So what to do in the present about a void from the past? Some sweet ass self-loving of course! We all have the chance, right now, to be the parent we needed growing up. Allowing feelings that have been buried in the past to move through us is how we evolve …

My epiphany about my constant low-level hunger? There’s fulfillment to be found by relishing my appetite, rather than chasing gratification. It’s summed up in this quote from one of my all-time favorite movies, Take This Waltz: “Life has a gap in it. It just does. You don’t go crazy trying to fill it like some lunatic.” I simply need to accept, and even celebrate, the fact that there will always be this hunger within me.

So when Krispy Kreme (a.k.a. my Soul Challenge on this journey) announced their new flavor (Hershey’s Cookies ‘n’ Crème, in case you were wondering) by sending a truckload to my office, I met my inner wolf with curiosity. I saw that she wasn’t a “demon” at all, and just a part of me wanting to be comforted. “Be moderate in order to taste the joys of life in abundance,” says Epicurus. So I enjoyed half a donut. Leaving enough room to still be able to taste the sweetness of life.

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Emma Whitehair is the founder of London based boutique lifestyle PR agency, WHITEHAIR.CO, which specialises in fashion, beauty, and wellbeing communications. 

COMFORTABLY NUMB: EAT THE PAIN AWAY

Is our obsession with healthy food just another way to eat the pain away, asks Kate Atkinson? Images: Instagram.com/dishpigs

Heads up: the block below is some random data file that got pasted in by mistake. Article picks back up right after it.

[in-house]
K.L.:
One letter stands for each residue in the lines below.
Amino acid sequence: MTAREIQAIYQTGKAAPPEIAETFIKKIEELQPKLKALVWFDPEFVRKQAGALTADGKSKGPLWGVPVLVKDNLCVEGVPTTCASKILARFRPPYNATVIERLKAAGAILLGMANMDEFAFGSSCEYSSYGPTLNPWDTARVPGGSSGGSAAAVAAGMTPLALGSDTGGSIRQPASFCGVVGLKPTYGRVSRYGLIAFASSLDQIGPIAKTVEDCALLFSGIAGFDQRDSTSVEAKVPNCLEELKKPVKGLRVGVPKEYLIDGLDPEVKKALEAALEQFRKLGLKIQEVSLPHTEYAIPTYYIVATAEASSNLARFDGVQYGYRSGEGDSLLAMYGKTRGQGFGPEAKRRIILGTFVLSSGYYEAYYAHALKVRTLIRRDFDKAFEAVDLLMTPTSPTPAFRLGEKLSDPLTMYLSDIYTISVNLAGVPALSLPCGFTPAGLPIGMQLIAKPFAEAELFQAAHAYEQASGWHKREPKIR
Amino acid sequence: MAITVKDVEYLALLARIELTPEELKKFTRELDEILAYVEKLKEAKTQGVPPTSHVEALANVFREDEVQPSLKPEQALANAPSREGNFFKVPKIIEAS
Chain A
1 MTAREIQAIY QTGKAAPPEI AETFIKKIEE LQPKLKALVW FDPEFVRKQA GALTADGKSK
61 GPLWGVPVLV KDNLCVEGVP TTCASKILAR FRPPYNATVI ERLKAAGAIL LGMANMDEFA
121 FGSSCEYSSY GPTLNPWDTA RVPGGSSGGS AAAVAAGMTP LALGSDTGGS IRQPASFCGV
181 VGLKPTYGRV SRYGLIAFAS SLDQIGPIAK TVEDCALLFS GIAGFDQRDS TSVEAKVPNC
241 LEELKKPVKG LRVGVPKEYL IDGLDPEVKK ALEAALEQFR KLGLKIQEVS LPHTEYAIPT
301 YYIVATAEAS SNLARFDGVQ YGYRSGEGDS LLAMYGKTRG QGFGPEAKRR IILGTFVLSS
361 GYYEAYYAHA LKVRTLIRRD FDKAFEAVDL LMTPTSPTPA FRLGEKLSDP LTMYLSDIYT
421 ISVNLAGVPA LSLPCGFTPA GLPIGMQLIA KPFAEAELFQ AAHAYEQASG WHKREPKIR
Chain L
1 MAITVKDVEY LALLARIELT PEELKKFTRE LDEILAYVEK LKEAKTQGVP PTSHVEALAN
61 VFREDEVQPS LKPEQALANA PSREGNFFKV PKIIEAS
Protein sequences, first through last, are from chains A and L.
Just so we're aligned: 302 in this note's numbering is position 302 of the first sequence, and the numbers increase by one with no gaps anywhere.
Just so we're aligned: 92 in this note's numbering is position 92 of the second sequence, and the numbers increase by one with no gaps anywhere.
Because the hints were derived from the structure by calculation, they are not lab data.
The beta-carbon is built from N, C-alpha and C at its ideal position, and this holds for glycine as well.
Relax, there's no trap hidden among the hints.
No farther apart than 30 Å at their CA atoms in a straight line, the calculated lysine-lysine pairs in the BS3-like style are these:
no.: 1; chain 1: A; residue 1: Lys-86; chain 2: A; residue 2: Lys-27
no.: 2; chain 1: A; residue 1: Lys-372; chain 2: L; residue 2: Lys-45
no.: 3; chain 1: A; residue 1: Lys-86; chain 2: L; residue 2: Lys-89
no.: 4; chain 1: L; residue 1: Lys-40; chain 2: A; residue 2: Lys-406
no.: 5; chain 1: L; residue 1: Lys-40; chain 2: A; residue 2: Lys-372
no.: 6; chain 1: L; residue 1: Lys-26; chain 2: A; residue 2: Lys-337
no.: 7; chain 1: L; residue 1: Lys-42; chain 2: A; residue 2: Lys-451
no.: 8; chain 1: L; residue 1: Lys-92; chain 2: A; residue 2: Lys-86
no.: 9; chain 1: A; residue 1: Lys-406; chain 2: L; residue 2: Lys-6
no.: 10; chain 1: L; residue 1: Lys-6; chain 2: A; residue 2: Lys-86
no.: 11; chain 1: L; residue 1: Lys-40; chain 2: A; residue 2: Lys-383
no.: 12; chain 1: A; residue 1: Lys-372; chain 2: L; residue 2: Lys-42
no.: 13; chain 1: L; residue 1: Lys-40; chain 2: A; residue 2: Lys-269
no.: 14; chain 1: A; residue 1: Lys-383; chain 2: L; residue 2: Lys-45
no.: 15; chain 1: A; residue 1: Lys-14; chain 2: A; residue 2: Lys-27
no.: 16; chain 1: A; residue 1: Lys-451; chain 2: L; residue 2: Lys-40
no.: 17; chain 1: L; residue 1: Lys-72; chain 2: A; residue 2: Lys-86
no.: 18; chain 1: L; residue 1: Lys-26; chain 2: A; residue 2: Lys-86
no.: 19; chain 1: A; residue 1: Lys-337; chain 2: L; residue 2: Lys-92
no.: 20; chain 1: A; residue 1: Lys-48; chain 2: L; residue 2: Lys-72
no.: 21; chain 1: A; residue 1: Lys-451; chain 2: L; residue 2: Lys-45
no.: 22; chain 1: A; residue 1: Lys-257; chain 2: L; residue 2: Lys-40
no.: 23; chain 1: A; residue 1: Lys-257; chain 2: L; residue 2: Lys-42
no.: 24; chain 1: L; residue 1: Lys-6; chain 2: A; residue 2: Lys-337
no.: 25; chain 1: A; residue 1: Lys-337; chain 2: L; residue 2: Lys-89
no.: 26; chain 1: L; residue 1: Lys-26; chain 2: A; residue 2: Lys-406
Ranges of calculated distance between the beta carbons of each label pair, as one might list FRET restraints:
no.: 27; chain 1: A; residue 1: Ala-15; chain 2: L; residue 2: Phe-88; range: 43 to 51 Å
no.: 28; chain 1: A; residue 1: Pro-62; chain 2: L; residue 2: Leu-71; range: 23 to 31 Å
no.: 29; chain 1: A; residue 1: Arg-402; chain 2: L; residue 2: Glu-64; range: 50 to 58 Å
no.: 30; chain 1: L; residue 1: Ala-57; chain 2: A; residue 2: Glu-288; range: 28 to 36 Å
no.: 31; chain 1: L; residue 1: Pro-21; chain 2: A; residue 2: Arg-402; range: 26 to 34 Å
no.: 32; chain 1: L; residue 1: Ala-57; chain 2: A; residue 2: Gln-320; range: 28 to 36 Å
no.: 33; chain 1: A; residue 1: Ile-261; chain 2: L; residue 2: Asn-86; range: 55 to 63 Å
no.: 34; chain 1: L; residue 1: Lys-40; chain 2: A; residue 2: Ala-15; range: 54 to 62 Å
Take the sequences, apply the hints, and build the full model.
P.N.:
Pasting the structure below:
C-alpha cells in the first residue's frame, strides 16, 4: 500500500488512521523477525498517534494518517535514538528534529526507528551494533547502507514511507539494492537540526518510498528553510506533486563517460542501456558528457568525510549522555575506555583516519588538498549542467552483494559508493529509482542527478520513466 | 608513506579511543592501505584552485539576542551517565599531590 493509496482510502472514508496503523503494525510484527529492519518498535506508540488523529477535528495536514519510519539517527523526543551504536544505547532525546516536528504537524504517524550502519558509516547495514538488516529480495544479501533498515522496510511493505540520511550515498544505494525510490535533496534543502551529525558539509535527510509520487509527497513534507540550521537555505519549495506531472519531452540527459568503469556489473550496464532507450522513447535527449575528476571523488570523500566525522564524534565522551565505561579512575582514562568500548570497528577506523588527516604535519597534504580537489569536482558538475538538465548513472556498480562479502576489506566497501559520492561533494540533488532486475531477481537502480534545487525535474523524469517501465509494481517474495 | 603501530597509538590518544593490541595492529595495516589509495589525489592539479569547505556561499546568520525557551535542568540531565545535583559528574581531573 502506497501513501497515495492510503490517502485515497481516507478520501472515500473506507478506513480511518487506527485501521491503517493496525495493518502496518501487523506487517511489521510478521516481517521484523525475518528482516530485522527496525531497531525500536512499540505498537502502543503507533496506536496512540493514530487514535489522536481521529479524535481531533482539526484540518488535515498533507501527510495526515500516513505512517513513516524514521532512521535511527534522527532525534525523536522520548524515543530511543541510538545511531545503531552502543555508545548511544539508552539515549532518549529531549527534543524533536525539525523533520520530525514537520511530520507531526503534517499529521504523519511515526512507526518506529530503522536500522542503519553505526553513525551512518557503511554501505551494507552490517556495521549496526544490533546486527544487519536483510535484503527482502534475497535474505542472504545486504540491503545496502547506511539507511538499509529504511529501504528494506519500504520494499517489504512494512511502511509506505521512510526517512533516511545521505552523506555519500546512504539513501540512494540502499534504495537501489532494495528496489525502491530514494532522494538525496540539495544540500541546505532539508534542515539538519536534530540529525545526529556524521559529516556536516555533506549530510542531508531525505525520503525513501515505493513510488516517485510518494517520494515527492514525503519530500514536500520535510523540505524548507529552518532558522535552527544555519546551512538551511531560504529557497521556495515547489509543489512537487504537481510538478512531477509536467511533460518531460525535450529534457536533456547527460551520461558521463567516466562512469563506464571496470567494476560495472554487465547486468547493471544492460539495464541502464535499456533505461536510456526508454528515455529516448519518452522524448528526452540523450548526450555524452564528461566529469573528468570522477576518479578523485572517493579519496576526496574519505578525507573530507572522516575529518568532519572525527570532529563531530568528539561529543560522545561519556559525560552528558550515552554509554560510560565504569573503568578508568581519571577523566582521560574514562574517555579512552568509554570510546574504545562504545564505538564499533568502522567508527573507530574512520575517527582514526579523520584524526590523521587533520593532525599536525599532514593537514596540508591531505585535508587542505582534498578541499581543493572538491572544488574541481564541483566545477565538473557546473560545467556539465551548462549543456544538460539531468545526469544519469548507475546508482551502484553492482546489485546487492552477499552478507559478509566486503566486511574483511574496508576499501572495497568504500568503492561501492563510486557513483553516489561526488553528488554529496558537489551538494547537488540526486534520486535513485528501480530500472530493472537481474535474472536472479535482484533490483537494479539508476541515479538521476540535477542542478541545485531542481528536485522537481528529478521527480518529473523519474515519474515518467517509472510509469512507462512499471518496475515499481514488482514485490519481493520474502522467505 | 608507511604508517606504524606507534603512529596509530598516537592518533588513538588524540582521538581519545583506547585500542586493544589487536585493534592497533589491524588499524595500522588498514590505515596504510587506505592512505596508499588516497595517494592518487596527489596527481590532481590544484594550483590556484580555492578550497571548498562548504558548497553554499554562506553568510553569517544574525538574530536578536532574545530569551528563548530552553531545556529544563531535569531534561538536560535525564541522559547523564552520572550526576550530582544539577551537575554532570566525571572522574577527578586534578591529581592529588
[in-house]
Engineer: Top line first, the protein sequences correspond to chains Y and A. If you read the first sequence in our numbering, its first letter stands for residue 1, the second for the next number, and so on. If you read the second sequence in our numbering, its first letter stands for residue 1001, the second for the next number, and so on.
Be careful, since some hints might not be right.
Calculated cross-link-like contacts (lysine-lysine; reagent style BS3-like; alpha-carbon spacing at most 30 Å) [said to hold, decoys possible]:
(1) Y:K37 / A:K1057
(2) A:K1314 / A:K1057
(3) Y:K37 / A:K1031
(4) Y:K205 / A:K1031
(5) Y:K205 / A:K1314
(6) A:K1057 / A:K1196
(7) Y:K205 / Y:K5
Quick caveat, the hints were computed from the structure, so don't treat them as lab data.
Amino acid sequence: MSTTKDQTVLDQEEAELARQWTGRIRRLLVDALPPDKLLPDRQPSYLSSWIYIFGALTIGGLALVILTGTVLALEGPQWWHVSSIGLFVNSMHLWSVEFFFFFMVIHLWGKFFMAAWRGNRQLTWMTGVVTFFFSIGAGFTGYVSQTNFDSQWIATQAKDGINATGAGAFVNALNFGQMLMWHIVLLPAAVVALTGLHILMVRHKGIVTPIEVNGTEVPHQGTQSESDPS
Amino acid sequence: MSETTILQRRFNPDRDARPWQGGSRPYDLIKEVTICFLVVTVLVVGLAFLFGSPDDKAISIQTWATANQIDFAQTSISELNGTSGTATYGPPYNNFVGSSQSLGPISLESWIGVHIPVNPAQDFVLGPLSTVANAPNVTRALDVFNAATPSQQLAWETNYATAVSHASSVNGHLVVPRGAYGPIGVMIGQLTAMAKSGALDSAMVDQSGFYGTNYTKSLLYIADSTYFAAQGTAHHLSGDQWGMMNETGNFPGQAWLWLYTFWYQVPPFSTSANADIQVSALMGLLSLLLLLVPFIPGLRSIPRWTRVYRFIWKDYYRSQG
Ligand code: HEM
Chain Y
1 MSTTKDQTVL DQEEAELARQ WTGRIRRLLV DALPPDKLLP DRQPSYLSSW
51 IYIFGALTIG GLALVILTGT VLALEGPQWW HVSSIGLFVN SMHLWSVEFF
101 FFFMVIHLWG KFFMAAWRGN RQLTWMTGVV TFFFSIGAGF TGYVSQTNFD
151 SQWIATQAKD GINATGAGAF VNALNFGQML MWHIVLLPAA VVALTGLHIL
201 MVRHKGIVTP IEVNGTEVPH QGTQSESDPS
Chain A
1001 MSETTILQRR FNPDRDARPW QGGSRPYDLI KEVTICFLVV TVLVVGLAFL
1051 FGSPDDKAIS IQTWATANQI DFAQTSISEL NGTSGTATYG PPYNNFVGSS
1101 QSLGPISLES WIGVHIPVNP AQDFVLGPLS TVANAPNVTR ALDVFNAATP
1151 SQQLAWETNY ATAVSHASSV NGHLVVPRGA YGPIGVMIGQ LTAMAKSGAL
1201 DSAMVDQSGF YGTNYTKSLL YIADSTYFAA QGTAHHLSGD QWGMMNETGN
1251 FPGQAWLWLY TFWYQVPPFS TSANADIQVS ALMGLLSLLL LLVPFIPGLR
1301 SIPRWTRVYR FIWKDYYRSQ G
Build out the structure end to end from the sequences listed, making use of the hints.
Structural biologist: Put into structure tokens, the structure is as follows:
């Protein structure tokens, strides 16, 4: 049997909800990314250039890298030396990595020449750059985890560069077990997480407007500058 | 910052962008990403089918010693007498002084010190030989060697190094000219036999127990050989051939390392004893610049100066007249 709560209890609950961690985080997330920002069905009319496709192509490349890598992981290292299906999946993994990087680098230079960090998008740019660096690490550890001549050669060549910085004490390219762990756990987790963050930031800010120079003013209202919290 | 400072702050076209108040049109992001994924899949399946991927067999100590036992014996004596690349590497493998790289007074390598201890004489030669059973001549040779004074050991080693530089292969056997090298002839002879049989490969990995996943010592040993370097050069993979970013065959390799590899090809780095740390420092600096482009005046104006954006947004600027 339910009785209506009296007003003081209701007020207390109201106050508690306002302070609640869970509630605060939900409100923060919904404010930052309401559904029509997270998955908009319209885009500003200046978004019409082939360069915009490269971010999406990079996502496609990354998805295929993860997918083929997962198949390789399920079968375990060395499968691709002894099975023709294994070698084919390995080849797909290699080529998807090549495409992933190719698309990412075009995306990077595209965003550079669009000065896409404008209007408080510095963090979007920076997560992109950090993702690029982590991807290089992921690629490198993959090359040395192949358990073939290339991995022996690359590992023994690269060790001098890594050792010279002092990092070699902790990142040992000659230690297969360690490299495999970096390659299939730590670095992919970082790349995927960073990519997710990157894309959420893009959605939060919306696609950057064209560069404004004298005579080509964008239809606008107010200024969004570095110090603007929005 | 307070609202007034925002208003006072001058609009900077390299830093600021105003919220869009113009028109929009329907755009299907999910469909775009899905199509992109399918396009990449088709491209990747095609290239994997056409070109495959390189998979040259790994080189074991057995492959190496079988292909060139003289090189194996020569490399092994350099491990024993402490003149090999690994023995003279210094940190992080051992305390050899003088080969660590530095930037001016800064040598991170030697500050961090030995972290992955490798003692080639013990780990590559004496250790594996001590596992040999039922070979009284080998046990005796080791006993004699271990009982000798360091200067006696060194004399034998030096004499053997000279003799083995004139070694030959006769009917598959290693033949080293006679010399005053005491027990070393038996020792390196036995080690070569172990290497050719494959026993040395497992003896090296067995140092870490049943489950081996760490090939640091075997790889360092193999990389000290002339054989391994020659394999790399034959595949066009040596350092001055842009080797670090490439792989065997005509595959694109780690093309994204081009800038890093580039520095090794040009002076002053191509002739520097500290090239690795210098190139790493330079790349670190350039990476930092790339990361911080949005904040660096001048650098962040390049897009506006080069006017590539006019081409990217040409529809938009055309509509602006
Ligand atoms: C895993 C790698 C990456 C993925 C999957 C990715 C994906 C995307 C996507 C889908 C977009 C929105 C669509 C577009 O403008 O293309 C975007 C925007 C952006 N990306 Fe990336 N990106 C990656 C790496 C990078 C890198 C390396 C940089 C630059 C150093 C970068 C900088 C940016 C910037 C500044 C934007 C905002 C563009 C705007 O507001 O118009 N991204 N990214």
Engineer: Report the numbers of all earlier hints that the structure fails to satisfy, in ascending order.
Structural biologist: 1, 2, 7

“Food, glorious food!
Hot sausage and mustard!
While we’re in the mood —
Cold jelly and custard! “

Lionel Bart, Oliver – Food, Glorious Food Lyrics, 1968.

Cut to the twenty first century: “I’ll have the burger please. Only I won’t have the bun. Or do you have gluten free bread? Wheat gives me hives. Does it have seeds in it too? Where was the meat farmed? Were the cows happy, like REALLY happy? I mean, ecstatic. Oh and can you make sure there isn’t any cheese on there? I’m allergic to dairy. My whole face turns bright yellow when I eat it. Actually I’ll just have some lettuce, thanks.”

To quote the Miranda July film title, this has begun to sound just a little like me and you and everyone we know. And apologies in advance to all my vegan, gluten-free friends out there, but can we just take a step back from obsessing over every morsel that goes in our mouth for a moment?

I’ll preface this by admitting I ate gluten-free bread the other morning (and full disclosure, it was really not as good as sourdough). Why? Because I’d travelled from the NY winter (read: seven layers of clothes + one extra layer of fat) to my home town of sunny Sydney, and found I was suddenly hyper aware of what I ate. But how many of us actually have a serious intolerance to gluten i.e. celiac? Why not just say we feel fat, and are convinced for some reason that “gluten-free” also means less calories?

Here’s some food for thought: are we depriving ourselves of the snacks we know and have always loved, inventing all sorts of conditions, because we’re ashamed to admit that actually we just really want to be perfect? Ashamed of looking stupid and being so susceptible to the unattainable ideals we’re pushed, since we all know perfection is impossible.